Transform Software has signed its first client, Apache Corp., for its 3D ‘full wave’ seismic interpretation system. Apache’s interpreters will be able to concurrently analyze many different types of E&P data. The agreement provides Apache with early access to Transform’s technology. In return, Transform will gain access to Apache project data and expertise.
Apache VP E&P Technology Mike Bahorich said, ‘Our E&P technology group promotes the application of emerging technology from companies like Transform, whose approach to multi-dimensional seismic interpretation is both innovative and practical.’
Transform announced a technology alliance with Input/Output (I/O). I/O will gain access to Transform software for use in processing and interpretation services.
Decisioneering’s Crystal Ball (CB) is a Microsoft Excel plug-in that offers Monte-Carlo modeling of spreadsheet data. Monte Carlo (MC) techniques offer a simple way of propagating errors (or ‘risk’) through an economic or scientific model. One enthusiastic CB user is William Standifird from geopressure specialists Knowledge Systems (KS). KS develops compaction, reservoir and depositional history models—all of which require calibration and statistical modeling. Uncertainty is omnipresent which is why KS uses MC modeling on ‘unstable’ parameters. These are used to evaluate prospect viability including seal efficiency and drilling feasibility – some planned well paths are technically impossible to drill. BP now does regular ‘drillability’ assessments – important in a $100 million well! KS offers two modeling approaches: hard coded ‘perfect’ solutions, using bespoke algorithms where CB is too slow and ‘imperfect’ and more flexible solutions, leveraging CB as a ‘fit for purpose’ uncertainty evaluation technology.
Oscar Bravo Mendoza stated that in Ecopetrol, which has 150 CB licenses, ‘no major decisions are taken without CB.’ Ecopetrol measures risk to be in a better negotiating position with respect to banks and joint venture partners. Despite perceptions, Columbia is not a high risk country as witnessed by its score in the Emerging Markets Bond Index Global. Colombia is not in the same league as Chavez’ Venezuela! Plots of project complexity against uncertainty or risk likelihood against risk impact are used and shown to insurance companies to negotiate rate reductions. MC modeling can be combined with decision trees to show a project’s upside potential.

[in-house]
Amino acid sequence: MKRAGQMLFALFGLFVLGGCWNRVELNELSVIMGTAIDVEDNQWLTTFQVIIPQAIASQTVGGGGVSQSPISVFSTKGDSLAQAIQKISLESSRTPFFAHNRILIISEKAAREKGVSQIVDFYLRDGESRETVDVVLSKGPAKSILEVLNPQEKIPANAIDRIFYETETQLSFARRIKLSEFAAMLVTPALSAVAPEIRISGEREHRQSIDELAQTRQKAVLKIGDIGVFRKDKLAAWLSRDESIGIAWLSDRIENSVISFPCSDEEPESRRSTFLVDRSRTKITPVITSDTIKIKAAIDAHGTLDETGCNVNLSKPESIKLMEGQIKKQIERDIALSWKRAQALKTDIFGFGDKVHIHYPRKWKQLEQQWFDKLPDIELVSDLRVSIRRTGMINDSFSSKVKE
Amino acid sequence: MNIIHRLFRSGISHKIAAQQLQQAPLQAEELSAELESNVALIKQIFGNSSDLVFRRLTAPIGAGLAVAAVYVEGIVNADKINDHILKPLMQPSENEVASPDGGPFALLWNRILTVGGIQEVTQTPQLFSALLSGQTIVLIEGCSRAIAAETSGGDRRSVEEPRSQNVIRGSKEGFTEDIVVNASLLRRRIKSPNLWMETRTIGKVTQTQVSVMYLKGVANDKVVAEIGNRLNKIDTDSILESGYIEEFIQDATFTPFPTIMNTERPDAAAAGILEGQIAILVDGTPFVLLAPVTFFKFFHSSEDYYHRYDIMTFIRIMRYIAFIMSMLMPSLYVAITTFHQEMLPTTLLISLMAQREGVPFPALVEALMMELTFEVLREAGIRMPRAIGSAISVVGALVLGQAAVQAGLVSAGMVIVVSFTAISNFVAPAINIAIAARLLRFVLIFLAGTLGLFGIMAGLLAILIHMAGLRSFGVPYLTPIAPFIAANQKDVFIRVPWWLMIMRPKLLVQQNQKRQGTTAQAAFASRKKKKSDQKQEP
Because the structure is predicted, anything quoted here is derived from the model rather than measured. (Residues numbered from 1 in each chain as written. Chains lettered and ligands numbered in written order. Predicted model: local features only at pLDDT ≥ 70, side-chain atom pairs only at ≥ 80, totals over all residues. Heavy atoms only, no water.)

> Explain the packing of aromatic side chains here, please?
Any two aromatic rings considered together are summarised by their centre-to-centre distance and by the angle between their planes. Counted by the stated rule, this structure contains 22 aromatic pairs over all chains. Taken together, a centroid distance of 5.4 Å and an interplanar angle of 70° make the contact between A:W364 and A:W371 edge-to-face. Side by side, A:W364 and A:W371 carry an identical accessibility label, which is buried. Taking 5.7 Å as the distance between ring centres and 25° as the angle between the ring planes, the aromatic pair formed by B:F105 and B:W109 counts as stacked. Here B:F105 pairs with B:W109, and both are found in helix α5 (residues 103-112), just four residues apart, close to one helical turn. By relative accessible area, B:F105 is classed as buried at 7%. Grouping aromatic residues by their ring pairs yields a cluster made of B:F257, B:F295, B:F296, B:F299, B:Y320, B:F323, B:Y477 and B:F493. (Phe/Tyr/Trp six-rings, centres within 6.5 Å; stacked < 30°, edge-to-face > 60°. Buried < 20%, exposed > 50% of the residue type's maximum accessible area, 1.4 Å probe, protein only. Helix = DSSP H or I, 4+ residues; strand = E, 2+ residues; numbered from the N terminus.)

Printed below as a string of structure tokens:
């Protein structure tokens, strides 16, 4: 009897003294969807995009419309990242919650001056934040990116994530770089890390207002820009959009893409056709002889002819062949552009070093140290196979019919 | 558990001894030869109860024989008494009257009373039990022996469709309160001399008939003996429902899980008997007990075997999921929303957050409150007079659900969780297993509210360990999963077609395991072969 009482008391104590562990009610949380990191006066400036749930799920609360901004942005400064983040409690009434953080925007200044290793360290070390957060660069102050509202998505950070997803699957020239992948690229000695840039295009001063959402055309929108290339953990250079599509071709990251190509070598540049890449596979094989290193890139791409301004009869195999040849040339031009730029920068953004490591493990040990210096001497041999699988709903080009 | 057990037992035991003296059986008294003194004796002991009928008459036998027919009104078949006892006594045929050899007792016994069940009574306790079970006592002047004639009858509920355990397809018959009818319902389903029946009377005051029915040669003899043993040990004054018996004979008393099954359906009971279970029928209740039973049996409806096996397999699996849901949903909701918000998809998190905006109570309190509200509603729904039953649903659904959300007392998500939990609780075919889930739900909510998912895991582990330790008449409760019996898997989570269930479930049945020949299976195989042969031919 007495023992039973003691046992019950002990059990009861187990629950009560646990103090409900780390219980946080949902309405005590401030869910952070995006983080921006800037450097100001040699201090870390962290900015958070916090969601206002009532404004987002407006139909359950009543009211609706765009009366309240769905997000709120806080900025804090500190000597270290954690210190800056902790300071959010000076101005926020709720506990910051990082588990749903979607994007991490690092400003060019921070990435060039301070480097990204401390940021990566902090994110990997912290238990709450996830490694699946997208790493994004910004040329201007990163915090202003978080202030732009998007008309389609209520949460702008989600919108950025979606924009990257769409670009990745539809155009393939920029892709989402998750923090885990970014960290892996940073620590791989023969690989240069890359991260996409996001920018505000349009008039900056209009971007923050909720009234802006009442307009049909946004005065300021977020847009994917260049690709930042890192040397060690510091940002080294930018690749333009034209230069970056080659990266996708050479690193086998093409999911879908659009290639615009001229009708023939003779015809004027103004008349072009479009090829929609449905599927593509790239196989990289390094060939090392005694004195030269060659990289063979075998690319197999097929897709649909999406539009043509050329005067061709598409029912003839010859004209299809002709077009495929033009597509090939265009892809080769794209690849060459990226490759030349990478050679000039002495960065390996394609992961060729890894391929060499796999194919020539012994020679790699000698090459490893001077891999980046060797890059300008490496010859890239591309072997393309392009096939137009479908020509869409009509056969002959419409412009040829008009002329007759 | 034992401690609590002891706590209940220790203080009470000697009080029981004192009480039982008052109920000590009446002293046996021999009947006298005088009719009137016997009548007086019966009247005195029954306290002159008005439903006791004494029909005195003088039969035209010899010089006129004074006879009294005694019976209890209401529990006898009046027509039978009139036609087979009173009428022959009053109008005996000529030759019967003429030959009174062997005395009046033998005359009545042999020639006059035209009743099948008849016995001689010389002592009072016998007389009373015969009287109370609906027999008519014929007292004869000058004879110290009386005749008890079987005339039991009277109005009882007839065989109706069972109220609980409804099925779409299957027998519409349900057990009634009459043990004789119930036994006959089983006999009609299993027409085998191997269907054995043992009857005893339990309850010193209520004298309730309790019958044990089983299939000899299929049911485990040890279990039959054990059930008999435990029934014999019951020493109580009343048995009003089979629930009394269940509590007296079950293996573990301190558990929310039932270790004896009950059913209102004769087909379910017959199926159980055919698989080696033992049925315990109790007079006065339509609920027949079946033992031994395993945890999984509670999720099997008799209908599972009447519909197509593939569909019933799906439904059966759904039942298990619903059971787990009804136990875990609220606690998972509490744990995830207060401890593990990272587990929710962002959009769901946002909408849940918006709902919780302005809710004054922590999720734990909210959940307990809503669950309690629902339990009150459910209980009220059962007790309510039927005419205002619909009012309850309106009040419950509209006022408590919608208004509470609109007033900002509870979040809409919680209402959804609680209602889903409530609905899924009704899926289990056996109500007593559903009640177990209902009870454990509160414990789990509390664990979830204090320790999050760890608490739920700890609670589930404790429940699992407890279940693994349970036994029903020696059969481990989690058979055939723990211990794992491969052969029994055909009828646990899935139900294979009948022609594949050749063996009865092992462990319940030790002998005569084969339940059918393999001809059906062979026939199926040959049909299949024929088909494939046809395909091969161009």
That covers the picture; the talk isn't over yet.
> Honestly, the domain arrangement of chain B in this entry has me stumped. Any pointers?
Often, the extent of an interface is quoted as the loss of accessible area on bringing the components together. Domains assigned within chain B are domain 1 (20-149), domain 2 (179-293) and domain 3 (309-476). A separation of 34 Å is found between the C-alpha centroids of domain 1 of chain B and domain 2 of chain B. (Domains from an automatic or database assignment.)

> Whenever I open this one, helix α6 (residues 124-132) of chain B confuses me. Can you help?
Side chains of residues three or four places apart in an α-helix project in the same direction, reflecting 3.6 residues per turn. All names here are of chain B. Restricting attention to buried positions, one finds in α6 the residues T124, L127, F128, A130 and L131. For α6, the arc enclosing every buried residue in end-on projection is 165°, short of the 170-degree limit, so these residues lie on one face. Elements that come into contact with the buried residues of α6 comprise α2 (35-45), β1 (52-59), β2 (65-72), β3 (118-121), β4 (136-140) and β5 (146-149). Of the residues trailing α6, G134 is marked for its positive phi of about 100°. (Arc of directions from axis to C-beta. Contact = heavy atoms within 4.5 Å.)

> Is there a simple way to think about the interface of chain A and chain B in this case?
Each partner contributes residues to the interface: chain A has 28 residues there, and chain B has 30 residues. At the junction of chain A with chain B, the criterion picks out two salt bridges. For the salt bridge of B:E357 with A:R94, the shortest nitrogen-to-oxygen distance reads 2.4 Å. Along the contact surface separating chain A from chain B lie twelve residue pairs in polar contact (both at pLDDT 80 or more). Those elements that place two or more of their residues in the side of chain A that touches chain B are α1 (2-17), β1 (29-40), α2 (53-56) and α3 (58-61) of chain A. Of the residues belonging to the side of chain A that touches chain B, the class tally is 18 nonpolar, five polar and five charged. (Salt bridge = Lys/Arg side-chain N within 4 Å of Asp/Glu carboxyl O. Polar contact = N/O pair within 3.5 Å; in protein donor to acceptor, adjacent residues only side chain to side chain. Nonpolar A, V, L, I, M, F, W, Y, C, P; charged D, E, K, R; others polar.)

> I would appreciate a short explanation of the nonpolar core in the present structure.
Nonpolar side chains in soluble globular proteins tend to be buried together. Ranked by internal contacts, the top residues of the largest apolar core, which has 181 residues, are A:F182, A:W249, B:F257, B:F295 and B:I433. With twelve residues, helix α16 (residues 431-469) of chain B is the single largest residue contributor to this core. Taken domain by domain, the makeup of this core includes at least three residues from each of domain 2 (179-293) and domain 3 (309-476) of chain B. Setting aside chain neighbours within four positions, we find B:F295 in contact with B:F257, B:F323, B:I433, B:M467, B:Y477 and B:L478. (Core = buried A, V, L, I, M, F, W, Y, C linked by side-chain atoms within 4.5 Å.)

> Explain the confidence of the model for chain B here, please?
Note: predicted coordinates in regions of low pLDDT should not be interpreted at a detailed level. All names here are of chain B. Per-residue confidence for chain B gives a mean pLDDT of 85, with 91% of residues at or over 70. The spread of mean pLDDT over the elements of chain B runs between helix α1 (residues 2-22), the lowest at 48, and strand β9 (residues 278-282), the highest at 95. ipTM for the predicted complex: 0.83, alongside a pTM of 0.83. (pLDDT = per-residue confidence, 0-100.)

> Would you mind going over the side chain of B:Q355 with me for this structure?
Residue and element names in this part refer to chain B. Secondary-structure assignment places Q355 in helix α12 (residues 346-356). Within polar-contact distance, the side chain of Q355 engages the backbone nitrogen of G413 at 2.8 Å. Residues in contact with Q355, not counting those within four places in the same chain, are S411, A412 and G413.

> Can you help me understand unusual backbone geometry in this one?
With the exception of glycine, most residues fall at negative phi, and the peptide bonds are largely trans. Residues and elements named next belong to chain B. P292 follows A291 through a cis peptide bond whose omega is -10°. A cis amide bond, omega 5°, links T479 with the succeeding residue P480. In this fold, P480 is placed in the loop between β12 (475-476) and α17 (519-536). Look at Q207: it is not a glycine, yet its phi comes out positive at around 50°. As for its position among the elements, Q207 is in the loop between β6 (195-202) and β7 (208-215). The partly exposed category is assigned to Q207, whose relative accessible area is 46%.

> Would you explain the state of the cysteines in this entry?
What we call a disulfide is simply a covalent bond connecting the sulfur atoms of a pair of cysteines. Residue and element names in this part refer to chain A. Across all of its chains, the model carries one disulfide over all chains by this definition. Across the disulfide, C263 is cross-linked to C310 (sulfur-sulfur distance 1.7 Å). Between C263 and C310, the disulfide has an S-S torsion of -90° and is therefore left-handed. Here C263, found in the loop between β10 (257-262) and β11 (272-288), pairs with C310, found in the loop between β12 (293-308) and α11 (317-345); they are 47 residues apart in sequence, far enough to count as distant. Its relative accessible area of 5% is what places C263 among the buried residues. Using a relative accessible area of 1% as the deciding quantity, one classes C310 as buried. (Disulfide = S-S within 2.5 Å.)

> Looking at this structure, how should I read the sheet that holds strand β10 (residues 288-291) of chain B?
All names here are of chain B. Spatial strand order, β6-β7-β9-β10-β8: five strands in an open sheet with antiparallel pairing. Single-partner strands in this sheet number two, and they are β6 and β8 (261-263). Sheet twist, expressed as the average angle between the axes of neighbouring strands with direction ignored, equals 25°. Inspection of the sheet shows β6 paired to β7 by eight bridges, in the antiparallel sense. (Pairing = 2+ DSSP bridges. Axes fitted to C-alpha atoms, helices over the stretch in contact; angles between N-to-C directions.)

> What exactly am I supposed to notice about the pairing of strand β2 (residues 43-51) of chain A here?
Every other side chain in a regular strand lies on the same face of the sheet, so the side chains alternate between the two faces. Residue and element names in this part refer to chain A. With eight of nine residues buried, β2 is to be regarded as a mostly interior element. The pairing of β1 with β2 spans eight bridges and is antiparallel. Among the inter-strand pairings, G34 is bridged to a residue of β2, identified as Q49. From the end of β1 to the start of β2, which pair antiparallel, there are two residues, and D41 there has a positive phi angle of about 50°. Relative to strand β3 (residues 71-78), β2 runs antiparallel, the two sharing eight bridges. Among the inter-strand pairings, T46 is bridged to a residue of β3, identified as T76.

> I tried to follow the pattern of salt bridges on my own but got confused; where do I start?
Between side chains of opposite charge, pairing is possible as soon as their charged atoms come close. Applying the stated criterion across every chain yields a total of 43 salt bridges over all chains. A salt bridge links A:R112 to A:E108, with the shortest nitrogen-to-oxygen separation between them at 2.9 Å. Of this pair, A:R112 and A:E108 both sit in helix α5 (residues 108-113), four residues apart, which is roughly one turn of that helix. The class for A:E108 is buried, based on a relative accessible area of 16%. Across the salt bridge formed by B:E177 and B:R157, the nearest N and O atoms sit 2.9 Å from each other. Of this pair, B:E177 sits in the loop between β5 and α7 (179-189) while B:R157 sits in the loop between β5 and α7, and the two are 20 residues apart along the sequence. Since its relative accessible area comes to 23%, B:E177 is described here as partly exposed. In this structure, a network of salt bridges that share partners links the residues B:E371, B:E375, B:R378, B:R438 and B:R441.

Pat Leach* (Decision Strategies) presented a case history of FPSO design which determined how much NPV would be lost if the facility’s water handling capacity was too low. Leach used Murtha’s stochastic production profile generator to model water breakthrough. While some cases showed ‘significant’ production loss, others deferred production. In the end a compromise was reached with a compact water processing installation that left room for extra capacity to be added if needed.
Steve Hoye’s presentation enumerated the many pitfalls of the spreadsheet as a modeling tool. As a Decisioneering trainer Hoye has seen it all and has a few horror stories to relate on spreadsheet worst practices. In general it is the spreadsheet rather than the stochastics that gets the average user into trouble. Spreadsheets get unmanageable. Hoye recommends using color and space as aids to spreadsheet readability. Complex stuff needs breaking down into separate worksheets or workbooks. Range names should be used rather than cell references. Astonishingly, some 40% of CB trainees don’t know about this best practice. Other tips include protecting your data cells, using templates and sharing assumptions across the business to avoid multiple hypotheses. Finally, don’t put reports in models, use Latin Hypercube sampling, avoid the ‘killer formula’ and avoid macros if possible as they reduce transparency.
For those of you who may be daunted by doing your own CB analysis, Decisioneering, in association with Vose Consulting, is ready to help. Vose now offers a range of services including model building and audits, risk analysis and on-site Crystal Ball training.
SEG President Craig Beasley (Western Geco) stated that world population growth suggests that we will need 50% more energy in 2025 than now. Today, 60% of world energy is from hydrocarbons. For the next few decades ‘nobody expects alternatives to fill the gap’ so there is a heavy responsibility on the oil industry. ‘We’ve delivered in the past, but tomorrow...?’
R&D spend reached a high in the 1990s before dropping off in 2000. Beasley noted a particular lack of investment in seismics and a lack of R&D ‘diversity’ in both universities and in-house programs. ‘Contractors can’t afford to fund research – although this is changing as I speak (I hope)’. What can the SEG do? Beasley showed a map of his travels as president to underscore the global nature of the organization. The SEG plans to expand its ‘Forum’ meetings, the distinguished lecture program and boost international meetings. The SEG has some 23,750 members, half outside of the US. Membership trends show good renewal of young members since 2000, due to active student recruitment. Beasley believes that ‘demographics are self correcting’. A more serious problem is the poor perception of industry in the student community.